Wednesday, 29 January 2020

The Not-So-New Role of the Engineer in Complex Change: Master of Transitions

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The Age of Intelligence is here, and Cisco is in the midst of a transition — again. This transition is driven primarily not by AI and machine learning, but by the voices of our customers and their need to consume technology in new ways and digitally transform their businesses. While Cisco established itself in 1984 in the midst of a technology revolution, the need to continue evolving hasn’t slowed one bit.

Challenges Everywhere


In the 1980s, Cisco’s key product was the AGS Multi-Protocol Router, and alone it could solve a host of customer challenges. Today, our efforts to solve those challenges and provide the type of experience they demand has given way to multi-vendor and cross-architectural (multi-domain) solutions. These solutions are comprised of dozens of products and architectures across an array of companies.

The cloud has not alleviated the situation, as was promised early on. In reality, cloud has created additional complexity. Most customers are not only growing their business on-premises but also contending with the requirements of a hybrid-cloud environment. Interoperability between technologies and vendors adds yet another layer of challenges to be solved.

Security is paramount as no part of a corporate infrastructure can be left unprotected. The proliferation of personal devices into corporate IT also presents a new set of challenges. The mobile nature of today’s workforce requires wireless/mobility services that not only connect seamlessly, but also demand the same speed and reliability of hardwired devices. As corporate infrastructures continue to expand, the ability to manage multiple converged technology stacks has created even more complexity in the data center. The collision between software developers and network administrators creates challenges on how each side can complement each other to provide the best possible business solution for a customer or employer.

Clearly these are busy times! The questions I often hear from customers, are “This is crazy! Who can I trust to work with and figure this out? Who will put my best interests first and help me start down a path leading to my ultimate success?”

To make it work, you need people who thrive on complexity, problem-solving and change: the engineer.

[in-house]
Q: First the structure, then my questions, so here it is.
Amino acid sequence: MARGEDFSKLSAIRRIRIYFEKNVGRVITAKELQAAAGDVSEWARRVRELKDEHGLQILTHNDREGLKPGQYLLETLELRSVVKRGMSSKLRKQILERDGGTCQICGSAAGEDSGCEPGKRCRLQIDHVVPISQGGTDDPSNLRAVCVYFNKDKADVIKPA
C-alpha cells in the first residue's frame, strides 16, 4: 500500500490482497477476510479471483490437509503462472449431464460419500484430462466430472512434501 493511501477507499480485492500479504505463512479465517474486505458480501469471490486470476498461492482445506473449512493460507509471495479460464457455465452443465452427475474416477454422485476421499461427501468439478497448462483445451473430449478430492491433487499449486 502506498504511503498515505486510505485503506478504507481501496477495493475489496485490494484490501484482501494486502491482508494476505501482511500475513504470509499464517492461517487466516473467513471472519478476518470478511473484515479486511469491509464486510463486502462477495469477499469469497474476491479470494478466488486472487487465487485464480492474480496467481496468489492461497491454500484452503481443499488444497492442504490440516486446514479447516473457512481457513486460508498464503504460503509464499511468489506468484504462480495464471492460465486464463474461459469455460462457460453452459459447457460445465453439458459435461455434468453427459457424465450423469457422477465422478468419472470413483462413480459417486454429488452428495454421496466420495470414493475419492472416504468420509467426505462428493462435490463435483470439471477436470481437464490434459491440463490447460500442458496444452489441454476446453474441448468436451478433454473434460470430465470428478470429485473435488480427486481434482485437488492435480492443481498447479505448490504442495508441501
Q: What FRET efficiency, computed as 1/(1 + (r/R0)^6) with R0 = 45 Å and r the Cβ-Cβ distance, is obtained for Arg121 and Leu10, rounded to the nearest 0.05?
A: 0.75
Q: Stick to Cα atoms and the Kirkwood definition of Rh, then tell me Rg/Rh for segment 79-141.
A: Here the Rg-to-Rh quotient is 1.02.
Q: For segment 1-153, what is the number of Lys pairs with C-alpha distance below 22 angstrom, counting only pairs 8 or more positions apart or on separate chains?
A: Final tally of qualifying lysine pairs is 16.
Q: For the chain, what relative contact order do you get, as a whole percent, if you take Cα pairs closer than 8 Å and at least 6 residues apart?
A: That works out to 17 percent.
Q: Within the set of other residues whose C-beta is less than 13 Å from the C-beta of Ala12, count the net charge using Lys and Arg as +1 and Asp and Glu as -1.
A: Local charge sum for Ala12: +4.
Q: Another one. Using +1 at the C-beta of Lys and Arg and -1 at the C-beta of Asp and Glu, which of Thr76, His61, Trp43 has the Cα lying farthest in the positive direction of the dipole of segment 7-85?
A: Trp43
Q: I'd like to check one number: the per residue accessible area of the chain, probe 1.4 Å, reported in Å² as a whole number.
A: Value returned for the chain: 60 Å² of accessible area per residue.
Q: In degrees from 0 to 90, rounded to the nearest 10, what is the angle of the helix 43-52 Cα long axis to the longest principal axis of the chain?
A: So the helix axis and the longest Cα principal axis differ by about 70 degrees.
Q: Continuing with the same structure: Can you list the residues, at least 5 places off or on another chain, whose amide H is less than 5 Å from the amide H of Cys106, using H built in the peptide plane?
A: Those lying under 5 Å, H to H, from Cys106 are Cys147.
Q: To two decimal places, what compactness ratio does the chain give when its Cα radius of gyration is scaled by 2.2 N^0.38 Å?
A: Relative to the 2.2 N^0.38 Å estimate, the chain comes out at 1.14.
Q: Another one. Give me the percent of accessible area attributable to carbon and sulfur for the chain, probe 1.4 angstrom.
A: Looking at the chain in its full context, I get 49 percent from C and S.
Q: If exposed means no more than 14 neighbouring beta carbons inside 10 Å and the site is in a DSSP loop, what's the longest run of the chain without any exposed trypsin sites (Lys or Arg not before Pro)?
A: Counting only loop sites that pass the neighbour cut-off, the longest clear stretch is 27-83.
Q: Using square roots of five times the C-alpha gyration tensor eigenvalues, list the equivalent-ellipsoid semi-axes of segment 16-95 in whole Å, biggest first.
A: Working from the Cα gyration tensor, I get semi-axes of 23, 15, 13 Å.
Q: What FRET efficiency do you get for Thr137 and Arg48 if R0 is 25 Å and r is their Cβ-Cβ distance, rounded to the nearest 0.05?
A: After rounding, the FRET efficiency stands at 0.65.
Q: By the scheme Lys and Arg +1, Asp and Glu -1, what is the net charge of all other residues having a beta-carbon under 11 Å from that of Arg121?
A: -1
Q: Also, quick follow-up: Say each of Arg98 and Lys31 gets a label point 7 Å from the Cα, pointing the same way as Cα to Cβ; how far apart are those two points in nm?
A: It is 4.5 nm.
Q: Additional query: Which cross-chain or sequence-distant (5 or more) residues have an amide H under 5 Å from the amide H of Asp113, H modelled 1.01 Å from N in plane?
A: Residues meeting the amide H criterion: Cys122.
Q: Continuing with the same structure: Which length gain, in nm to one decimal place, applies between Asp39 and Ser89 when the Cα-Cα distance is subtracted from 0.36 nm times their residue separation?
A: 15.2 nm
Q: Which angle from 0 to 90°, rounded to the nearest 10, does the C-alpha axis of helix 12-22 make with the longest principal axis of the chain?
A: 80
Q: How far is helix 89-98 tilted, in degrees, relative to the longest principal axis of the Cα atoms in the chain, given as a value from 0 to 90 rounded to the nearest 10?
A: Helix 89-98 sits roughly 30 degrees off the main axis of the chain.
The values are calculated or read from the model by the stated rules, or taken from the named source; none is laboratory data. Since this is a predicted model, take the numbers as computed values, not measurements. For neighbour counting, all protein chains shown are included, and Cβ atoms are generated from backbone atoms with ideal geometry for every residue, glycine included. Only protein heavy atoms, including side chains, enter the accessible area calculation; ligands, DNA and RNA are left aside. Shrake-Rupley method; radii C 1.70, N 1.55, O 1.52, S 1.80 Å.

Your Trusted Advisor: Systems Engineer


There has never been a better time to be a systems engineer (SE). With continuous change, it’s a good thing engineers thrive on complexity, and are comfortable being uncomfortable. Also, it’s a great thing that engineers at Cisco and our partners think about change in the context of customers and their ultimate experience. In fact, we hear from our customers who consistently note the Cisco SE as the individual they have the highest level of trust in to help them navigate these challenging waters. When customers are surveyed, they reference phrases like “put their interests first,” “honest/forthcoming,” and “Trusted Advisor.” When I speak live with customers it’s much of the same.

At Cisco within the global SE community we use a slogan to describe who we are, which I think captures things perfectly: “Masters of Transition since 1984.” That transition is alive 35 years later, and our systems engineering community is applying its skills very much as it did in the 1980s.

Have You Met Your Field Engineer?


While much of helping customers harness technology, and how it applies to their business, falls to the SE ranks, another group is becoming as critical to Cisco as the success of our customers. Field engineers (FE) have the deepest level of knowledge within technology disciplines across multiple vendors, help customers extract the value of the technology they’ve purchased, and work directly with customers to help train their employees to incorporate technology into the fabric of their work. The FE is the truest practitioner of technology expertise that exists within our industry. In short, if the FE isn’t successful then neither is the customer, partner, or Cisco. When customers ask, “who will see this entire project through with me”? I have a simple reply, “have you met your field engineer?”

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Ultimately responsible for ensuring the customer is able to not only fully extract the value of the technology purchased, the FE also assures that customers are comfortable integrating it into their existing or new business. The FE is truly where the rubber hits the road, so to speak in terms of customer receiving — and benefiting — from the technology they have acquired. With this responsibility it’s no wonder why Cisco is investing significantly in our reseller and partner FE community so that our customers are not just purchasing technology, they are activating, adopting and benefiting.

Driving Success Forward


Threats are everywhere. Outages can potentially cost millions of dollars. Change windows are harder to secure. Technology updates bombard organizations non-stop on a daily basis. Your engineering teams carry the full weight and burden of how business can (and should) realize the benefits of Cisco technology.

With complexity at its highest, pace of change at its quickest, and threats lurking around every corner, this is without a doubt a new Age of Intelligence, and engineers can lead the way forward.

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